Here is a good view of a stand that has almost fully transitioned from a black oak forest to a Douglas-fir stand. Encroachment began in this stand in the 1960s and finally the last of the taller oaks are reaching the end of their lives. Over then next ten or so years the oak stems will loose all of their limbs and begin to feel the pull of gravity as their root masses die. Many species of insects and fungus will invade these trees and speed up the fall. Once on the ground, the boles will persist for decades as the forest recyclers slowly and consistently do their work.
Meanwhile the Douglas-fir canopy will close in around the space previously occupied by the oaks and the little remaining areas of filtered light on the forest floor will become dark. This will also effect the shrub and ground cover component of the forest, severely limiting what can grow there in the absence of light.
Its interesting how the full encroachment cycle changes the bio-diversity of stand over time. It would seem that during the last phases of transition, like in the photo, the diversity is highest. This is in part due to the vertical structure offered by the overstory conifer, the decaying oak trees in the mid canopy, and the collection of downed wood on the forest floor. There are also pockets of shrubs that still receive light where the fir canopy has not closed in. Oak snags make potential cavities for numerous birds and mammals. The fallen trees become home to hosts of insects that in turn are feasted on by many of the locals.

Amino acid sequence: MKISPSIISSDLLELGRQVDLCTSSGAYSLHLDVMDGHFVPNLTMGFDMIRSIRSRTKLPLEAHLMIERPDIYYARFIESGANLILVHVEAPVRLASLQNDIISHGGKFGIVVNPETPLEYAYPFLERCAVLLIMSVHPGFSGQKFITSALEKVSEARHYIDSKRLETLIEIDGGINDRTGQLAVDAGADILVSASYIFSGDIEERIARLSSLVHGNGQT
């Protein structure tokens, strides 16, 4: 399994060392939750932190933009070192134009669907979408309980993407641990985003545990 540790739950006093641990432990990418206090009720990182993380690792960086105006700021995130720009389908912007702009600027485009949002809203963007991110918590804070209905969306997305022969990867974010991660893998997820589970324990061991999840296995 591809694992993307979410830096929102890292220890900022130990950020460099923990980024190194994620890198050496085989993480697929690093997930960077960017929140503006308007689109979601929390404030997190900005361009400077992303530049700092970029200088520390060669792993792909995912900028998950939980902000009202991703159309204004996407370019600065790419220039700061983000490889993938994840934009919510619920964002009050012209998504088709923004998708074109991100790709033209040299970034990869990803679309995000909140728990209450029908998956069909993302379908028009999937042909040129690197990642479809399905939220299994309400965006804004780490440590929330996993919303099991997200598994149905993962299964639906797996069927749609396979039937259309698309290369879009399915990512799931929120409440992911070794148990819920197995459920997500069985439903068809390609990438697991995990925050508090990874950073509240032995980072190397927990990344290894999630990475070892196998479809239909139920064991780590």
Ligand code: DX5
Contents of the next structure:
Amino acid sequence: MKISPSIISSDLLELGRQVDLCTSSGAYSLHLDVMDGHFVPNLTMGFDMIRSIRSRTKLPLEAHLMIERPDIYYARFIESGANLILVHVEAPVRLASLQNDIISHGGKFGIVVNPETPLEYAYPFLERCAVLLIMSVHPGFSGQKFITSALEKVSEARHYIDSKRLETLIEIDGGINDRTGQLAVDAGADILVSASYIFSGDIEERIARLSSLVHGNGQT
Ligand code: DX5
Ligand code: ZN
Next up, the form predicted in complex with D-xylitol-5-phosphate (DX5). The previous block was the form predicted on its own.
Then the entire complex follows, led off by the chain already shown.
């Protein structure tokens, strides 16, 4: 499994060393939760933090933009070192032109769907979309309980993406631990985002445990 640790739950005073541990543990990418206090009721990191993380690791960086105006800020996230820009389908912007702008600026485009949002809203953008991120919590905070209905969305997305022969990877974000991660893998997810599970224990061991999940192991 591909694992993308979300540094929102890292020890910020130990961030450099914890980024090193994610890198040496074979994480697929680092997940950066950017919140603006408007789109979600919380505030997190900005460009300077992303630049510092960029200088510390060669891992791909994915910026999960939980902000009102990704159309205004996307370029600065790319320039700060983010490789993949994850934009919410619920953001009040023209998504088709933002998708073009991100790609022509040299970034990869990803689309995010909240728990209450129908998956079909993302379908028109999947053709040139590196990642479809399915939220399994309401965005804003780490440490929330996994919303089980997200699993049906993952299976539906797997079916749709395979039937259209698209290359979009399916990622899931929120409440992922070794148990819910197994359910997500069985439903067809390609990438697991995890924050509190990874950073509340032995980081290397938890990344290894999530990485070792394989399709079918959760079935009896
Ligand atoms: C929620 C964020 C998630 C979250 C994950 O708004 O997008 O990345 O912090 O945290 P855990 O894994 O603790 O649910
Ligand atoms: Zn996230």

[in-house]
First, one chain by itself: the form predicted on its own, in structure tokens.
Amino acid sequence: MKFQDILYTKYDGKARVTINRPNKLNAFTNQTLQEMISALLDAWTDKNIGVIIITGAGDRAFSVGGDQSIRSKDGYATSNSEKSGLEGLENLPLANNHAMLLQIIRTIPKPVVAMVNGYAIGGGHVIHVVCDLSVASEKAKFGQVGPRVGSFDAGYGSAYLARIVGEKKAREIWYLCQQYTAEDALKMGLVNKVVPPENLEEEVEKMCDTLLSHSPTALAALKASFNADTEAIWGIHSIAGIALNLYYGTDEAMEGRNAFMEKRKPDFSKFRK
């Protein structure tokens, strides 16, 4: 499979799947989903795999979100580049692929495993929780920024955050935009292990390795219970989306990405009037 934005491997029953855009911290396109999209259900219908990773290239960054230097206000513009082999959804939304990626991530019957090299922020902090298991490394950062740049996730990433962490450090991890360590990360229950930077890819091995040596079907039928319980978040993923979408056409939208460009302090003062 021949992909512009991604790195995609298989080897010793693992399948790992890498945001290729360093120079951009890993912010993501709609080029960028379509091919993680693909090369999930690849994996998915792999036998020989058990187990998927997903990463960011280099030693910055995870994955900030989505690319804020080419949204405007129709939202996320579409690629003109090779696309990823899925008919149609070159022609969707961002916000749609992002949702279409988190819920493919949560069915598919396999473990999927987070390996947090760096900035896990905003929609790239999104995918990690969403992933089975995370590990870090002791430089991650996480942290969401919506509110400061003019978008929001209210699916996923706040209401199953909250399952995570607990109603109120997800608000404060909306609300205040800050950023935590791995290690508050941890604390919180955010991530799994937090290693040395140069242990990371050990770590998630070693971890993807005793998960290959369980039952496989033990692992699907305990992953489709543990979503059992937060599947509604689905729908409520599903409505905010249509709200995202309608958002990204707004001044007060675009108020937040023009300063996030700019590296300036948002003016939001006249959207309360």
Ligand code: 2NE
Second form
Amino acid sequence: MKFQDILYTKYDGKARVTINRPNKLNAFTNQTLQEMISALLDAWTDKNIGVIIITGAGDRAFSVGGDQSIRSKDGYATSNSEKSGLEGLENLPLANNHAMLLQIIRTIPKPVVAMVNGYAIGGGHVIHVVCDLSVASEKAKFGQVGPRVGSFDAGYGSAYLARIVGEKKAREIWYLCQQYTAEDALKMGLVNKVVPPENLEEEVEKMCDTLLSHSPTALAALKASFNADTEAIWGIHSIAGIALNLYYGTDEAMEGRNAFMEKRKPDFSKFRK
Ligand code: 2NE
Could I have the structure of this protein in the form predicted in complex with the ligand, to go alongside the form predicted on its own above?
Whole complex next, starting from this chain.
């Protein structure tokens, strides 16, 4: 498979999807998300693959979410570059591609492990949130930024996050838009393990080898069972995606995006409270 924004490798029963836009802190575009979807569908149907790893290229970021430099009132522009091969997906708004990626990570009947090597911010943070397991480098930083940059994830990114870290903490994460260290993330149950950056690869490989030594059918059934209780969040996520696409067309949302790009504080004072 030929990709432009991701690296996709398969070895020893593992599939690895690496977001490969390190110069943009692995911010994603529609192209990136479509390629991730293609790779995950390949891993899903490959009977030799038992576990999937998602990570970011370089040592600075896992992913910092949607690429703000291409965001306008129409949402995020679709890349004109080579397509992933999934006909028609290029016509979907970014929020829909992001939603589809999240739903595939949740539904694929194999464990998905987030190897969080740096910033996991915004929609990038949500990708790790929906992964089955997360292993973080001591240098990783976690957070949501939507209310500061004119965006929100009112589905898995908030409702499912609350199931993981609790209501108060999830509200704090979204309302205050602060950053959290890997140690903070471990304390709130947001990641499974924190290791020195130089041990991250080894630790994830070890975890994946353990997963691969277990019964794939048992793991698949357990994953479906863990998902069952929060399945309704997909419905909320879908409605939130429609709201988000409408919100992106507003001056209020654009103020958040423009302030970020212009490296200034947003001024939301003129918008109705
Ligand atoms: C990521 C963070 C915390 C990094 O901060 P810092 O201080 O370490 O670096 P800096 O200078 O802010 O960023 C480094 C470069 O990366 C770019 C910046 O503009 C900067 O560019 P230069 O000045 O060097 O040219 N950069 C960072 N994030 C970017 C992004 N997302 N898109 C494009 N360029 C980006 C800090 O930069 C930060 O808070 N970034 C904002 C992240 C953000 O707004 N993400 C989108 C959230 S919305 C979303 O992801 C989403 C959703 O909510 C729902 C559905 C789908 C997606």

While I generally speak of this encroachment as a negative, there is certainly a positive, or at least productive element to this process from a forest health prospective. In a truly “natural” setting, there would be recruitment of oak woodlands somewhere near-by while this process was occurring, creating the balance of habitats over the landscape. However in our fire starved environment, Douglas-fir encroachment is occurring much more frequently than the rate oak stands are developing. In fact, very little oak stands are developing at all in Humboldt County. This is why, I believe, that there is an urgency to prevent encroachment into woodlands.